Executive’s Covid-19 recovery plan fails to recognise vital role of childcare to the economy

The Executive has published its Covid recovery plan. ‘Building Forward – Consolidated Covid Recovery Plan’ which sets out how the economy, and society more broadly, can recover from Covid-19 and emerge stronger, planning for longer term transformative and innovative change. The strategy brings a suite of recovery actions together into one document, recognising that economic, health and societal challenges existed prior to Covid-19 and the need to transition from crisis mode in tackling the pandemic, to recovery.

This Integrated Recovery Plan has been developed to inform the Executive’s priorities to accelerate recovery over the next 24 months under four strategic recovery accelerators:

  • Sustainable economic development;
  • Green growth and sustainability;
  • Tackling inequalities;
  • Health of the population.

Childcare critical to economic recovery

The plan acknowledges that Covid-19 has deepened some of the inequalities that existed previously in our society as well as pointing to the disproportionate impact of the pandemic on those from disadvantaged backgrounds, and on women in terms of remaining in employment. It recognises that “affordable, accessible childcare would help remedy this” but the vital role of childcare in our economic recovery is not referenced beyond this one sentence within the strategy nor was there any mention of what this ‘remedy’ would entail. While the plan includes an Action Plan (at Appendix A) setting out detailed interventions under each of the identified recovery pillars, there is no reference to the need for urgent investment in our childcare sector, through a much-needed and long-overdue Childcare Strategy.

While we agree that childcare has an important role in tackling inequality, particularly for women and those from disadvantaged backgrounds, we are disappointed that the Executive plan has failed to address childcare as an economic issue and how this can support overall economic recovery.

Our research shows that while lack of access to childcare does have a disproportionate impact on women (48% of mothers told us they adjusted their working hours to manage childcare during Covid-19, compared to just 28% of fathers), childcare is essential to the economy as a whole, and plays a vital role in supporting parents to get into, and stay in work. This was demonstrated during Covid-19 when childcare workers across the sector stepped up, opening their homes and businesses to the children of key workers – allowing our doctors and nurses, supermarket workers and bus drivers, and many, many others do their jobs at a time of global crisis.

The ‘New Decade, New Approach’ agreement committed the Executive to “Publish a Childcare Strategy and identify resources to delivery extended, affordable and high quality provision of early education and care initiatives for families with children aged 3-4”.  This was overdue then and is even more critical now. In the words of a parent who responded to our Northern Ireland Childcare Survey research last year:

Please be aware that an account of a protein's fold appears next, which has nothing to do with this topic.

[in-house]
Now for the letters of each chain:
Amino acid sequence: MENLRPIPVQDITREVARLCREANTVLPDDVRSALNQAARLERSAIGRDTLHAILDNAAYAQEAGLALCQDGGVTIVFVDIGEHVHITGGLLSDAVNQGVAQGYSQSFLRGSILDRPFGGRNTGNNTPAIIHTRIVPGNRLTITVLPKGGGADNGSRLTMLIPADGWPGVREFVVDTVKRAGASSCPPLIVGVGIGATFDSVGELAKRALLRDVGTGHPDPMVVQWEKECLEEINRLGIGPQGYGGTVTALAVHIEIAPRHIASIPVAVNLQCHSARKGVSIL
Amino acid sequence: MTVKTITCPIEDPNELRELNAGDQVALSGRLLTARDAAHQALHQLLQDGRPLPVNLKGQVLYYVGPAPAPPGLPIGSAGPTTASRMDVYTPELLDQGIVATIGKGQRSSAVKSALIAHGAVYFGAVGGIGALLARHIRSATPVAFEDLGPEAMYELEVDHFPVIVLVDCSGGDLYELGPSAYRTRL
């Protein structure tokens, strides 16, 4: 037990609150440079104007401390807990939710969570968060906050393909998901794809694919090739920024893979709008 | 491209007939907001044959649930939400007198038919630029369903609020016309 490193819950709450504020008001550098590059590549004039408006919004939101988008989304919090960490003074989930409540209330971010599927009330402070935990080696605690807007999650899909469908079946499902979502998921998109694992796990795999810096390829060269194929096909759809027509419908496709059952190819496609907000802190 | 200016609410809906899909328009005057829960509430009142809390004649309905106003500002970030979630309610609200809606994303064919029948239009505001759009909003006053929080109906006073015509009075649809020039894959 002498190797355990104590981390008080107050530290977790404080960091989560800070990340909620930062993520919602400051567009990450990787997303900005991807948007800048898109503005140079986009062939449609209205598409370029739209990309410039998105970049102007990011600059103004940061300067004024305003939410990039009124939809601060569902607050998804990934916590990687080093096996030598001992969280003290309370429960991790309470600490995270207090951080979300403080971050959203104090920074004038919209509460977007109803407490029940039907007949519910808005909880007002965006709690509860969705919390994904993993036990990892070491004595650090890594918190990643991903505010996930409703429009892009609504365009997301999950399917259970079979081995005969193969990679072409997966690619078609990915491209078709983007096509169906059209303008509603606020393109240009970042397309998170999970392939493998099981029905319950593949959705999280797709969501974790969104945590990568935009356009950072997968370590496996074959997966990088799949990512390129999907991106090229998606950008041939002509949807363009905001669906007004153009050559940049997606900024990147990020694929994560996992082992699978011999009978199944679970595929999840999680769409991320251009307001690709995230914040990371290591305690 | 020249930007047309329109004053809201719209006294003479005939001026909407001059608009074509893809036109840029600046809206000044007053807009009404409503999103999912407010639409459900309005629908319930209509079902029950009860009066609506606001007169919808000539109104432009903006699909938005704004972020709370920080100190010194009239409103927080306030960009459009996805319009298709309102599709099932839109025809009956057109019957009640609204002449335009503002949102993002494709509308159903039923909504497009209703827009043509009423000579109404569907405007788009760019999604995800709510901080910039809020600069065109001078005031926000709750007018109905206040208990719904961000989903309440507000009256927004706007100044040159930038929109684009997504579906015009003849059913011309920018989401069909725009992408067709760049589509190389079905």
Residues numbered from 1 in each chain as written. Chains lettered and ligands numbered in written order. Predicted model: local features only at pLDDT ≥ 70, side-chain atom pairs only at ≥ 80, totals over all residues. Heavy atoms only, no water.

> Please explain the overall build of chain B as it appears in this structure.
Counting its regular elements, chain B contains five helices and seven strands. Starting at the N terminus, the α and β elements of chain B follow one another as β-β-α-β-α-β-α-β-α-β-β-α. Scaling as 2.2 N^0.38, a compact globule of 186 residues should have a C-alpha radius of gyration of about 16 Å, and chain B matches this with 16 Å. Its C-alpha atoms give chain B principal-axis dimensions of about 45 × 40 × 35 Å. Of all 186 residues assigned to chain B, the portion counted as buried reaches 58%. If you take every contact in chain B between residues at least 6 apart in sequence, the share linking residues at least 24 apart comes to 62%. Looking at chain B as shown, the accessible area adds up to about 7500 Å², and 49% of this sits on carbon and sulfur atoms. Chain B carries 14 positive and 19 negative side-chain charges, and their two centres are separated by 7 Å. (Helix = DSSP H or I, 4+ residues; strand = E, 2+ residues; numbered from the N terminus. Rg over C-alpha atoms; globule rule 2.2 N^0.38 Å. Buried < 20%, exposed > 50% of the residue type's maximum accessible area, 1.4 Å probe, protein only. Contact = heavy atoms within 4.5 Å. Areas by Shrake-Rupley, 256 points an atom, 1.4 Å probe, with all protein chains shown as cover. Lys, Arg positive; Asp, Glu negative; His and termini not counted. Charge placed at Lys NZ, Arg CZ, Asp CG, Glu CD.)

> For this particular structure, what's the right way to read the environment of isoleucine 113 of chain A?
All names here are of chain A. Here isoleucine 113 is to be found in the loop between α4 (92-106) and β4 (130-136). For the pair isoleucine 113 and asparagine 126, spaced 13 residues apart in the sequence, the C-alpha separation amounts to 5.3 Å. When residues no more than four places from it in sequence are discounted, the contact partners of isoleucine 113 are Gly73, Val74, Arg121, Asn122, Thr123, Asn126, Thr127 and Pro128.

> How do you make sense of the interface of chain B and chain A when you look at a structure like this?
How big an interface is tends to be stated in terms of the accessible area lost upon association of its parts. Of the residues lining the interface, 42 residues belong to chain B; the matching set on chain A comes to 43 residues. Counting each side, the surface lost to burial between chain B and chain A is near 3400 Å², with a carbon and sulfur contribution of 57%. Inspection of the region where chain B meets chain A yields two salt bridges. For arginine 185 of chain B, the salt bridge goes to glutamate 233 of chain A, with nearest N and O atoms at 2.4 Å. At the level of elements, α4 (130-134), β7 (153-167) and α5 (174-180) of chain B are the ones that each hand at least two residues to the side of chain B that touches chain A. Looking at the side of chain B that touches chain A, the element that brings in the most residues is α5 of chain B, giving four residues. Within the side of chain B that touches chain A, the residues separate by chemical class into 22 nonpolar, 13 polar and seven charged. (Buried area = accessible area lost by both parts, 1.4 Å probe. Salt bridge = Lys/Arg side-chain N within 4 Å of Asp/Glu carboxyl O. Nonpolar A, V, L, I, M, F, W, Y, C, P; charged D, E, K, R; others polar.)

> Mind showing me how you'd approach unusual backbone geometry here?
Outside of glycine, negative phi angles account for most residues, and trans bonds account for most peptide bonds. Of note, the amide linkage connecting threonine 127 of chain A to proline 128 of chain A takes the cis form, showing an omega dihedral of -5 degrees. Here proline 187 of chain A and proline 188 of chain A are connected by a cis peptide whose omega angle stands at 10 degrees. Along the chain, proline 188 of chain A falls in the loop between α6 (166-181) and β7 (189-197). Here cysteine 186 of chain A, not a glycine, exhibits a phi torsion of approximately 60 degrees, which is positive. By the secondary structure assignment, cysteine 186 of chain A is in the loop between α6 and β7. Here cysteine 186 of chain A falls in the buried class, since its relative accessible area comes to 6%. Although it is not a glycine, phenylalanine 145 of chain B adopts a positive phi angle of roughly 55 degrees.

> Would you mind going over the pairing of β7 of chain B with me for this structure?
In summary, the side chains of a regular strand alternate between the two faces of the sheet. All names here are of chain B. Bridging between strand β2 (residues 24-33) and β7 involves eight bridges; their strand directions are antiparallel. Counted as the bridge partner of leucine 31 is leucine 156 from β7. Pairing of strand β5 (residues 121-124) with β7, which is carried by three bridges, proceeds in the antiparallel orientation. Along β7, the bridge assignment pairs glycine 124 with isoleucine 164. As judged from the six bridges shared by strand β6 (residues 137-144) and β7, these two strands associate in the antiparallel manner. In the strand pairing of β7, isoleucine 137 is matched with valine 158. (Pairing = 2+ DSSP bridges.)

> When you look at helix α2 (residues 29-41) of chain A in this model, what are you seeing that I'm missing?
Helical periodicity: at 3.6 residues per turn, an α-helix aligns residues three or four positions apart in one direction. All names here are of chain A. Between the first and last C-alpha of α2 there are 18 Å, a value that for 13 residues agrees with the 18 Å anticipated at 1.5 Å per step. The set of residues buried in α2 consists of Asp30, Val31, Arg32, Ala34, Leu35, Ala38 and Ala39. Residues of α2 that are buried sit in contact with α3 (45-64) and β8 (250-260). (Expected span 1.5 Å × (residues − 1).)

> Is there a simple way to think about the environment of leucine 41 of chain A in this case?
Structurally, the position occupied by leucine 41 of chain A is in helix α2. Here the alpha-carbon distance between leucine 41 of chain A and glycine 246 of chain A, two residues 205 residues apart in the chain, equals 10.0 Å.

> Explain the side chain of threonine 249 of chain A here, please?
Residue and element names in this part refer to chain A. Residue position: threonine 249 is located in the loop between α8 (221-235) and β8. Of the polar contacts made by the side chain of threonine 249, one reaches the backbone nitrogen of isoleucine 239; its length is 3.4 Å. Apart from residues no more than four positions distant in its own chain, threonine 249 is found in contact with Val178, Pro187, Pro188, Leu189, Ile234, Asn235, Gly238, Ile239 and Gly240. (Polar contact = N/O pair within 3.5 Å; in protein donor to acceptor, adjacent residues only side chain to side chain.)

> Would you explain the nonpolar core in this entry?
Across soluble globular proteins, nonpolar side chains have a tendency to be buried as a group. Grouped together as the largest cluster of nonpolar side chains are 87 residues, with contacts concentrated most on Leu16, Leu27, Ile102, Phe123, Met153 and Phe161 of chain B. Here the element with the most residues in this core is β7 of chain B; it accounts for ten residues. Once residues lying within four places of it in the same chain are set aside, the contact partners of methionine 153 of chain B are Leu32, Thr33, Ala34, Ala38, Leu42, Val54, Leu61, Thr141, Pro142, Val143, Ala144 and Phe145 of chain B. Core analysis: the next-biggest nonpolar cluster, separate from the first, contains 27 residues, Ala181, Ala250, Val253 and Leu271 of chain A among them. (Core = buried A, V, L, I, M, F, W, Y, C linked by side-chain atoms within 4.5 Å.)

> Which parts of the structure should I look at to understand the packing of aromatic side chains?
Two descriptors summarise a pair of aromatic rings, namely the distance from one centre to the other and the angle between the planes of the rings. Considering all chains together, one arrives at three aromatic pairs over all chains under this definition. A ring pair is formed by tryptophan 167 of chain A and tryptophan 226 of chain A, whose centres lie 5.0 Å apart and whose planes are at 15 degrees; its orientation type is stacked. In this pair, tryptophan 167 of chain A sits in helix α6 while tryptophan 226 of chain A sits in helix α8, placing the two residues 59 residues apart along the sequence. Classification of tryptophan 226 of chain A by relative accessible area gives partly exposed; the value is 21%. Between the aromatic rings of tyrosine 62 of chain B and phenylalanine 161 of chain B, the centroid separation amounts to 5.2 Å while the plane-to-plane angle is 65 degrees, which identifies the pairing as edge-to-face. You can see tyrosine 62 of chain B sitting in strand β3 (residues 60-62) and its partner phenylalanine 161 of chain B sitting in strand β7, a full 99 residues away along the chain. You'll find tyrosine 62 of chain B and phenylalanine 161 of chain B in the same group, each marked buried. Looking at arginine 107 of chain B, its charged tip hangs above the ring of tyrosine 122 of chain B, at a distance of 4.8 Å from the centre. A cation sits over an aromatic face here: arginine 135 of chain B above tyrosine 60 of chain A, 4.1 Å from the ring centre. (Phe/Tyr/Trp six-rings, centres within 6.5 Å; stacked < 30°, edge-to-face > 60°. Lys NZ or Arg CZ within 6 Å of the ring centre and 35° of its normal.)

“Covid-19 has brought into very sharp focus just how much we rely on those who look after our children and the massive benefit they have provided to them… Aside from the fact that childcare allows us to work without worrying about children, the educational / social / emotional support they provide for our children is invaluable.”

Childcare must be recognised as an essential part of our infrastructure that will underpin our economic and societal recovery from Covid-19.

From our work with parents and employers we know that an inability to afford or access childcare is a barrier to parents, particularly women and those in lower paid jobs, seeking to get back into the workforce or increase their hours of work. Investment in our childcare infrastructure to ensure quality care is affordable and accessible is a key to unlocking this barrier and can play a vital role in tackling issues such as economic inactivity and unemployment. Looking more broadly, there is clear evidence that children who benefit from quality, enriching childcare achieve better educational outcomes and, over their lifetime, have higher earning potential.

There was a clear opportunity for the Executive to recognise this through a commitment to the publication of a Childcare Strategy as part of this strategic Covid-19 recovery plan. This would have signalled publicly to the childcare sector that the contribution they made during the pandemic has been valued and their vital role in enabling parents to work, and the economy to prosper, has been understood. It would also have given hope to families, a third of whom are paying more for childcare than their rent or mortgage, that our Executive wants to make it easier for parents to get into work, stay in work and ultimately, be able to make work pay.


It is essential, as we work towards our recovery from Covid-19 and seek to emerge as a stronger, more resilient and dynamic economy and society, that we take a joined-up approach across Government to deliver an ambitious and world-leading Childcare Strategy that will deliver significant, long-term, strategic support and investment into our key childcare infrastructure.